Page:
MILWAUKEE -- Three short days and three long losses ago, the Cardinals whiffed and waited their way to a loss in Philadelphia, despite two home runs from Yadier Molina. They followed a similar script Saturday against the Brewers, though this time, Molina's power was enough to survive with a win.Backed
MILWAUKEE -- Three short days and three long losses ago, the Cardinals whiffed and waited their way to a loss in Philadelphia, despite two home runs from Yadier Molina. They followed a similar script Saturday against the Brewers, though this time, Molina's power was enough to survive with a win.
Backed by a strong start by Miles Mikolas, what his manager called "the best game" of Molina's career powered the Cardinals to an essential 3-2 victory at Miller Park.
Molina cranked a solo homer off Chase Anderson in the second and the go-ahead shot off Jeremy Jeffress in the sixth to cap a banner road trip for the eight-time All-Star. With five home runs in his last six games, Molina moved into a tie for the National League lead among catchers with 11. Now in his age-35 season and 15th campaign with the Cardinals, Molina set the Major League mark for most games caught with one club earlier in the week.
"What he's doing behind the plate is willpower," Mike Matheny said. "Being able to handle pain and discomfort … He's smarter at the plate. He has such a great idea, and he's dangerous, obviously. It's hard to say, if he kept playing where he'd be right now in the home run column and a number of others."
Though the Cardinals largely weathered the month Molina spent on the disabled list, his importance has been plain to see over this recent slide, which has been full of one-run games and all-or-nothing offensive efforts. Saturday provided a microcosm of the pros and pitfalls of that approach -- as well as their dependance on Molina.
His two homers accounted for half of St. Louis' hits. Behind the plate, he guided Mikolas across 6 2/3 strong frames, and three young relievers through two precarious late-inning jams.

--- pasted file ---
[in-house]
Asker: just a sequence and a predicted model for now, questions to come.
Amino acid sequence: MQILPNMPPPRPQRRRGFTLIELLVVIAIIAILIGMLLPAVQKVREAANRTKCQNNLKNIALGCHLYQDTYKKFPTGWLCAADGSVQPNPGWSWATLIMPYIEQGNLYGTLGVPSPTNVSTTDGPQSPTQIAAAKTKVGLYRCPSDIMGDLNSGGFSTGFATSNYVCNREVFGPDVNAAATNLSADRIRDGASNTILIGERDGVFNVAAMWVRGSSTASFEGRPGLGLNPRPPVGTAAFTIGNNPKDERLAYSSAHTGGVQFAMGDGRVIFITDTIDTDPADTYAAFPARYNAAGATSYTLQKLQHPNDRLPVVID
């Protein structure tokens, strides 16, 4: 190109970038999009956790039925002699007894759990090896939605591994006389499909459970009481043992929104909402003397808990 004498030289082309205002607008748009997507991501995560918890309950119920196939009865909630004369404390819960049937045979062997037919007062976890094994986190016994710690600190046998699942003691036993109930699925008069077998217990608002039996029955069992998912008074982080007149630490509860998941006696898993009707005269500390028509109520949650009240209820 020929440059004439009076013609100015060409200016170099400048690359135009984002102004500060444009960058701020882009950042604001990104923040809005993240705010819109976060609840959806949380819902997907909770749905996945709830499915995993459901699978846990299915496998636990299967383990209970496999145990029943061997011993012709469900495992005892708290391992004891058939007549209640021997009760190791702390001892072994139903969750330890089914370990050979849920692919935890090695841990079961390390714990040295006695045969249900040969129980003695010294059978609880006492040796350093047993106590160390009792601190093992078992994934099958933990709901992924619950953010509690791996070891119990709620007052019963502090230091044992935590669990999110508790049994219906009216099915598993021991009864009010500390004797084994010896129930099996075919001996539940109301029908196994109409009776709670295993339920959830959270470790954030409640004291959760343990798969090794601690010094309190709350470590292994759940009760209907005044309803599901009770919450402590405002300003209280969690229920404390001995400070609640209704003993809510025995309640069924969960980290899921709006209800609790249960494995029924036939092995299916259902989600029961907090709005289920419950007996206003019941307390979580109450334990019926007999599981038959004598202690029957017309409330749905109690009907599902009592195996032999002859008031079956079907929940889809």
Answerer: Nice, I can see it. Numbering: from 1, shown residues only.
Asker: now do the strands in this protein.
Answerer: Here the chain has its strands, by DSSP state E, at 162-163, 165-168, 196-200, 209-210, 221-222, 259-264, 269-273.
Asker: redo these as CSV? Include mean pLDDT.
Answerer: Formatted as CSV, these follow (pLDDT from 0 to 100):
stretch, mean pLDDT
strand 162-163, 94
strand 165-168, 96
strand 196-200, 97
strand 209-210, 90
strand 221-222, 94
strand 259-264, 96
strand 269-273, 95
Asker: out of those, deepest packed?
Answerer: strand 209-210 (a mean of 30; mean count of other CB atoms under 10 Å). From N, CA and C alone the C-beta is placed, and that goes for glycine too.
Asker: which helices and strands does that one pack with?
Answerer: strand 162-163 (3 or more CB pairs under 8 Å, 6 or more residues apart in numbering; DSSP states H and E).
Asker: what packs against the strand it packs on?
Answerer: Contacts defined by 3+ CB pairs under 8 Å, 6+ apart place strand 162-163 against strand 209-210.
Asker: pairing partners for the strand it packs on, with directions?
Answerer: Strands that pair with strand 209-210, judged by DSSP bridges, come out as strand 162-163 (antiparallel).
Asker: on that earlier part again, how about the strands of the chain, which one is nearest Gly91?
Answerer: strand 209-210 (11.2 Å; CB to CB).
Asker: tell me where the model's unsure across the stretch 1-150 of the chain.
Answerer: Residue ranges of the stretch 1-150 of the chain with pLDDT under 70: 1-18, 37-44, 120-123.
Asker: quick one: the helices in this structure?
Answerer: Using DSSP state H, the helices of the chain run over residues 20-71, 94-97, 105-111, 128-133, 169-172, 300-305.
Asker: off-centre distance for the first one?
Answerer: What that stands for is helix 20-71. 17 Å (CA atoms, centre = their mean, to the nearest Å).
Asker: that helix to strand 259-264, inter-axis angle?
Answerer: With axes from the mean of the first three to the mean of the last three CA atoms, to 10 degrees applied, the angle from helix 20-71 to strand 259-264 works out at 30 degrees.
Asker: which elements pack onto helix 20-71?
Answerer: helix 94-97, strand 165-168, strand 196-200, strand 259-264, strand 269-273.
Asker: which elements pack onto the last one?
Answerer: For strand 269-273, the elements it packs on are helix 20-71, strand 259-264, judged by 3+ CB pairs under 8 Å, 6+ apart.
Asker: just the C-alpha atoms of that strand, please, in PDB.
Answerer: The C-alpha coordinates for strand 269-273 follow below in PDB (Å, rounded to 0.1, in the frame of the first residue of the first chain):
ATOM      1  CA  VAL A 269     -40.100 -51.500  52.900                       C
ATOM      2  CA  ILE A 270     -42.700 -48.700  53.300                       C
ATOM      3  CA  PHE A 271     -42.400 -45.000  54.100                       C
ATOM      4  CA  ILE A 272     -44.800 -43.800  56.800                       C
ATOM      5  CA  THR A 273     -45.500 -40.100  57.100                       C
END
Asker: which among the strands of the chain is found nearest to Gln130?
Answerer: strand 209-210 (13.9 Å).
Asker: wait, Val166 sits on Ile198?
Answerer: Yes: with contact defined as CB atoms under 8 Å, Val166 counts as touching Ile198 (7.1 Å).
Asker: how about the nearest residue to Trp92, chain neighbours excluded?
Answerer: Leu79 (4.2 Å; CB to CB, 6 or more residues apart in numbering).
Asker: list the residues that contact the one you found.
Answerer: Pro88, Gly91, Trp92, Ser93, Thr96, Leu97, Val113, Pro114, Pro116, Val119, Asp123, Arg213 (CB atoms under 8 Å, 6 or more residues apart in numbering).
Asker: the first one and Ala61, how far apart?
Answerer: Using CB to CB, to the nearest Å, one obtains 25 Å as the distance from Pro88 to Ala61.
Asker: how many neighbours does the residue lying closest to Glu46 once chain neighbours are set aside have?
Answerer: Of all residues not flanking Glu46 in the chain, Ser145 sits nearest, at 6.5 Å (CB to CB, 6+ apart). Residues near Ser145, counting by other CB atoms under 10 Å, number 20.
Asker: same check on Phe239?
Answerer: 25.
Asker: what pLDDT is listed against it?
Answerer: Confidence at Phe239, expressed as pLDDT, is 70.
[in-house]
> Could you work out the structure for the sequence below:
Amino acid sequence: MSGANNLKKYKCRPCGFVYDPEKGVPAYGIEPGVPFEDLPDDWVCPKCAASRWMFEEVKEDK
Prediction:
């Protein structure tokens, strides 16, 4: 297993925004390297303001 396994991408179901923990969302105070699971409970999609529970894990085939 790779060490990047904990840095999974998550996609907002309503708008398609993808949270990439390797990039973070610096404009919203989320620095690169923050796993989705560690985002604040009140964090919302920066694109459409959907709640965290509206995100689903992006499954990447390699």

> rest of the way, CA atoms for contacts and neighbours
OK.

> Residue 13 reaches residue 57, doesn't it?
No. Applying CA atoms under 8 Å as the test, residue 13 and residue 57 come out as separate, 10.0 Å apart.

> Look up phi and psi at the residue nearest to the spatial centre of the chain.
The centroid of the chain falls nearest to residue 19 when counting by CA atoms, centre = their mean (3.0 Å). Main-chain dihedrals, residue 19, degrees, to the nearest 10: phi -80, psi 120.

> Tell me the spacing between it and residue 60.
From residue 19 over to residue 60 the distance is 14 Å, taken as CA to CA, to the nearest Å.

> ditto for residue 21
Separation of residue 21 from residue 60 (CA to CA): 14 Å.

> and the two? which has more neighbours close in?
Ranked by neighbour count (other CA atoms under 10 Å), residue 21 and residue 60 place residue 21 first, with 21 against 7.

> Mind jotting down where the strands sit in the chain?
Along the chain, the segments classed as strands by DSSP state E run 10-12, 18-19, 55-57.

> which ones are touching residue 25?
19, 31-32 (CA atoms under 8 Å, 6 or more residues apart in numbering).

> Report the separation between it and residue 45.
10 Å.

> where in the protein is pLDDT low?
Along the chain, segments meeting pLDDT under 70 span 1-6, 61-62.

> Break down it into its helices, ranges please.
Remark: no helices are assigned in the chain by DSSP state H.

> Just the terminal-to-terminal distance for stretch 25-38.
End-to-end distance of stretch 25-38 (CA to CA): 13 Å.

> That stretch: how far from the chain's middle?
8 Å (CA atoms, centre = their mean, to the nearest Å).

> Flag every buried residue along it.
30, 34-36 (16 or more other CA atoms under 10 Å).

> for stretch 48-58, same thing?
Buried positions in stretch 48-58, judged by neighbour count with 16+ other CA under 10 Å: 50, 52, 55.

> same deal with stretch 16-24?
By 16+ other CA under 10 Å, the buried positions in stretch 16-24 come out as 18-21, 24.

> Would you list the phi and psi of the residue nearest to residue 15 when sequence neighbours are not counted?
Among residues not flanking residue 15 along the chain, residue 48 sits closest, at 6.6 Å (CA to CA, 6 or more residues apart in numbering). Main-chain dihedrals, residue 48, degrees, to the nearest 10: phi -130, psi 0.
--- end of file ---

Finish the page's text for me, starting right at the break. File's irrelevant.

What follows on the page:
"When I signed here, I was so excited to play with him, and to see the caliber of player he still is at this age is incredible," said Bud Norris, who rebounded from Friday's walk-off loss to notch his 14th save. "Everybody is leaning on him right now. It was a big fall when he left, and we're ecstatic to have him back."
Molina sent both of his long balls to the opposite field: He drove a 3-1 four-seamer from Anderson off the terrace beyond the right-center-field wall and inside-outed an 0-1 Jeffress heater just beyond the yellow home run line. That was enough to make Mikolas a winner for the eighth time, and ensure St. Louis avoided its ninth loss in 11 games.
"The most important thing for us is to win games, so that's what's on my mind," Molina said. "We have to get back on track, and that was the mentality today."
MOMENTS THAT MATTERED
Mikolas surrendered only a lone single after the Brewers manufactured their two tallies in the first, retiring 16 in a row before walking Brad Miller with one out in the seventh. He then gave way to Jordan Hicks after a Jedd Gyorko error pushed the tying run into scoring position a batter later. After a brief injury scare, Hicks retired Manny Pina to escape the threat.